About operaramblings

Toronto based lover of opera, art song and related music

The Book of My Shames

headshot-isaiah-bell-2017-websizedThis is what would happen if the opera singing love child of Noel Coward and Sylvia Plath was encouraged by his therapist to perform on “Grownups Read Things They Wrote as Kids”. – Isaiah Bell

Isaiah Bell’s The Book of My Shames has something in common with Teiya Kasahara’s Queer of the Night.  Both are one queer shows dealing very directly and honestly with aspects of being queer and both are very impressive singers.  There perhaps the comparison pretty much ends for while Teiya’s show was about the tribulations of being gay in the opera world Isaiah’s piece is about growing up gay in a seriously dysfunctional environment.

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Pomegranate premiere

Last night Pomegranate; music by Kye Marshall, words by Amanda Hale, opened at Buddies in Bad Times.  Inspired by the Villa of Mysteries in Pompeii, it tells the story of two lesbian lovers.  Cass has broken up with Suzy in 1980s Toronto.  She visits Pompeii as a tourist and is carried back in time to meet her lover in a previous incarnation in the Temple of Isis.  There’s a whole act dealing with the Mysteries, Cassia and Suli’s burgeoning relationship and the attempt by the Roman state to suppress the religion.  Then Vesuvius erupts.  Fast forward to Act 2 in a lesbian bar in Toronto.  Suzy, an immigrant from some unspecified war zone is pressured by her family to break up with Cass.  There’s a slightly surreal byt dramatically satisfying epilogue where modern Cass reunites with Roman Sulli in the ruins of Pompeii.

Pomegranate-photobyDahliaKatz-1363

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The Adventures of Pinocchio

I’ve been impressed by Jonathan Dove’s art songs so I was glad to be able to take a look at one of his operas.  It’s The Adventures of Pinocchio and it was recorded in a production by Opera North at Sadlers Wells in 2008.  I feel a bit ambivalent about it.  I really like the music but I’m not hugely engaged by the libretto.  I think this is largely because of the subject matter so it may come off better for someone else.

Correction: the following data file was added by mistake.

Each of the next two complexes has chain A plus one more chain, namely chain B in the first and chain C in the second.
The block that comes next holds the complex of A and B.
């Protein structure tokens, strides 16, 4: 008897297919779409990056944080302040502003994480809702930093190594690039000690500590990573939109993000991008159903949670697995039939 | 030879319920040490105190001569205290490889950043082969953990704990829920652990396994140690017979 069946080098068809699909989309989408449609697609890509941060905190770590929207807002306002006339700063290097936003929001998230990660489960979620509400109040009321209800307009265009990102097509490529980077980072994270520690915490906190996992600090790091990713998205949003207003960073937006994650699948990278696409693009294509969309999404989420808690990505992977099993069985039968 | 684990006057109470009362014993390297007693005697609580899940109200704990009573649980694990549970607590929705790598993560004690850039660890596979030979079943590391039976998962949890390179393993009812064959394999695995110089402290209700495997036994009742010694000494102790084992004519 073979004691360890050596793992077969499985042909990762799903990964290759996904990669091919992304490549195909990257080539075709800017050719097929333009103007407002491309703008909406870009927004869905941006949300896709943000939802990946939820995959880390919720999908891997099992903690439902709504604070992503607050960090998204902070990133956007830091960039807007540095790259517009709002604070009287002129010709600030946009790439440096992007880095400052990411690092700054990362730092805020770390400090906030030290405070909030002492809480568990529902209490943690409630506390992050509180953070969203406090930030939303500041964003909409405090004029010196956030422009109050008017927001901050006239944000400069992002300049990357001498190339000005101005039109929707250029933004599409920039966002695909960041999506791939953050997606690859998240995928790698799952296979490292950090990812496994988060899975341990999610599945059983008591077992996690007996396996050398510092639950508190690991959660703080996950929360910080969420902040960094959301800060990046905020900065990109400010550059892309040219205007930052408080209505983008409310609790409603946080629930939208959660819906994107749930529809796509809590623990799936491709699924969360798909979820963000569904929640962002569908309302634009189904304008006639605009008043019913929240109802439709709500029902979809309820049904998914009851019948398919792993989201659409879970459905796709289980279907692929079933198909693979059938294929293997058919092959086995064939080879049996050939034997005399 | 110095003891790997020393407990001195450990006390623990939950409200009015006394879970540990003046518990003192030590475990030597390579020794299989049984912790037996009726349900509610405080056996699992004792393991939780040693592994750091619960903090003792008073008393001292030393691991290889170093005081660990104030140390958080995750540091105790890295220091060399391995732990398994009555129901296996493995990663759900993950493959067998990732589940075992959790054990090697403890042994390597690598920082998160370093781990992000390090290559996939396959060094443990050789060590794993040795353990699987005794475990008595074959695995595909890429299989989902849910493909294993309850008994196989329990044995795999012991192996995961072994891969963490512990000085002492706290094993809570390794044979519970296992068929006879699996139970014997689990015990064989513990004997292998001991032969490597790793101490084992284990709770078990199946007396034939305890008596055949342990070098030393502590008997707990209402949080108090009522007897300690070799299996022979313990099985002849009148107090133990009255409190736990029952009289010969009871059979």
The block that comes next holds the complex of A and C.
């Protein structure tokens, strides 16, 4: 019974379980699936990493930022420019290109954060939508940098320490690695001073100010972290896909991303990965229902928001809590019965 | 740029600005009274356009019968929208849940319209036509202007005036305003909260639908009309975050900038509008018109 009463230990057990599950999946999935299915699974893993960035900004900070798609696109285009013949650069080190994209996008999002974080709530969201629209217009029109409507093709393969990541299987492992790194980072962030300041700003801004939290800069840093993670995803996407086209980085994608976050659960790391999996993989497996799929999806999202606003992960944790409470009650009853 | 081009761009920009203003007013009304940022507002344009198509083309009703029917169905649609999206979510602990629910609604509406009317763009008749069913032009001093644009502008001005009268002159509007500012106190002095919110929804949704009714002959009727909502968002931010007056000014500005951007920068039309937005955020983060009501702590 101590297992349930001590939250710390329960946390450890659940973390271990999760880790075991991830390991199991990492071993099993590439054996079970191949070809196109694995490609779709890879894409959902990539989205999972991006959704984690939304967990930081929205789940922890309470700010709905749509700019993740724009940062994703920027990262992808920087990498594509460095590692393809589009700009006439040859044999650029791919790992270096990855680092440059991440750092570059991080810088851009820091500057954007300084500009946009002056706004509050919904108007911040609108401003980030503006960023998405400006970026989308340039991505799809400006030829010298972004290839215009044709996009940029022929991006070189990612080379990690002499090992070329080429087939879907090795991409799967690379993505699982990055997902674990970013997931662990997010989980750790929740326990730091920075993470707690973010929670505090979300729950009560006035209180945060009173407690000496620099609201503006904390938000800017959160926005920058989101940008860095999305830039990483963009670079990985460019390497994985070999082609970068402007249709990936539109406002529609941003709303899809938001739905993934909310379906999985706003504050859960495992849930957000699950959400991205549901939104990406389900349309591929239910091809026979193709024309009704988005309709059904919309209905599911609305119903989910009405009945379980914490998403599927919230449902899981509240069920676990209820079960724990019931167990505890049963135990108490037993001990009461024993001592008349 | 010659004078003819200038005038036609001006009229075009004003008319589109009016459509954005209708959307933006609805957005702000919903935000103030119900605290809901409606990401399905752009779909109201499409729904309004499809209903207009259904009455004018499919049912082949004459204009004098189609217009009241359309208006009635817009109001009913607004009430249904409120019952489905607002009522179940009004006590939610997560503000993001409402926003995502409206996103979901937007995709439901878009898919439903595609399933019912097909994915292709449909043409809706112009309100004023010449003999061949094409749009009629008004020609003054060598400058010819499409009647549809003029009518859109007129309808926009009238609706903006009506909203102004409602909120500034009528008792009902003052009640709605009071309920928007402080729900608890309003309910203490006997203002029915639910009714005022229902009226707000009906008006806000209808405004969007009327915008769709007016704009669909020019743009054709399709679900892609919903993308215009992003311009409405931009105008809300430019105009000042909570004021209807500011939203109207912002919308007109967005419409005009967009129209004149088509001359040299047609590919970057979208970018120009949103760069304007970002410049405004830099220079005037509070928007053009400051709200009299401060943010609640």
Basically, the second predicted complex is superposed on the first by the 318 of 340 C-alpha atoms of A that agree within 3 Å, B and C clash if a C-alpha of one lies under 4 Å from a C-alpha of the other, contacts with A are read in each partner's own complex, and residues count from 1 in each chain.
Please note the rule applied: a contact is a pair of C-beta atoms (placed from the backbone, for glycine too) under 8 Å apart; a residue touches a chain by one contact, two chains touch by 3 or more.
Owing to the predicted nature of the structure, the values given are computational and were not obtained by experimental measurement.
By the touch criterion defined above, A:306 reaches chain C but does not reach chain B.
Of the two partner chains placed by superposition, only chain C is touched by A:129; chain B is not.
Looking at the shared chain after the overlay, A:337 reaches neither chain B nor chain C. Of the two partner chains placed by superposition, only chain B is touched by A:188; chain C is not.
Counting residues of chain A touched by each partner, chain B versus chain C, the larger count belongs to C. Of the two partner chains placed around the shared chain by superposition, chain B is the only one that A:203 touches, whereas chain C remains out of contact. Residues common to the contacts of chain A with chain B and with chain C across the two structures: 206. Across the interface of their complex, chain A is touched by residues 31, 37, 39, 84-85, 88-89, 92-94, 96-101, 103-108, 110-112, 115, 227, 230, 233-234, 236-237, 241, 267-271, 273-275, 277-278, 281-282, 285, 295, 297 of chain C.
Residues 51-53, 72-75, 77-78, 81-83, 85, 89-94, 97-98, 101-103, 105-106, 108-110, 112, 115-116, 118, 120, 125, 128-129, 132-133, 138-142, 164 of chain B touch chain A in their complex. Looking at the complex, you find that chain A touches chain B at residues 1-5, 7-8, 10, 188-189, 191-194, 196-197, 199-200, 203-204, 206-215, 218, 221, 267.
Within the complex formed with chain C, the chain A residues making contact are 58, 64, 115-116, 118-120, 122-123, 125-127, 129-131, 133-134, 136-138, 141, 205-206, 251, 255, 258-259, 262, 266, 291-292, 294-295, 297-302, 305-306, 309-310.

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Royal Conservatory 2019/20

ldspThe RCM 2019/20 season has been announced.  It’s the usual mix of chamber, orchestral, piano, jazz, world music, the completely indefinable and, of course, vocal.  There are 91 concerts in total.  With such a wide range of material it’s hard to imagine anybody being interested in all of it or, conversely, anybody unable to find something to their taste.  My tastes, of course, run largely to classical vocal music so what follows is what I find most interesting: Continue reading

Appropriate redress

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Ian Cusson

Two years ago when Harry Somers’ Louis Riel was revived in Toronto, Ottawa and Quebec there was considerable debate about the appropriation of a traditional Nsga’a morning song; the Kuyas.  Basically in the culture the song comes from transmission and use of songs are regulated by the traditional owners.  This particular music had been used to set the text of a lullabye that Riel’s wife sings to their child, originally without attribution.  In 2017 the decision was made to use it again though not without consultation, debate and acknowledgement.  See my comments about the issue on opening night here.

It’s fair to say that I don’t think anybody thought the status quo was really acceptable and a great deal of discussion has gone on leading to an announcement this morning that the music will be replaced in the opera by new music composed by Ian Cusson, who is of Métis and French-Canadian descent.  The whole story; whats, whys and wherefores, is contained in the linked COC press release.  It’s the right thing to do and it’s the right composer.

COC Media Release – Riel Update – FINAL

Charlotte

Two years ago Charlotte: A Tri-Coloured Play with Music was presented in workshop form (more or less) at Luminato.  It felt incomplete and rather muddled then and I didn’t write about it.  I saw the latest version yesterday at Hart House Theatre and it feels like a finished piece; indeed a rather accomplished one.

It’s a genre defying work.  Perhaps it’s closer to musical theatre than anything else but it’s not miked and there are some “operatic” moments worked into the plot.  Indeed there are some very funny musical moments and much cleverness in Aleš Březina’s score and Alon Nasman’s libretto.

Charlotte, Theaturtle

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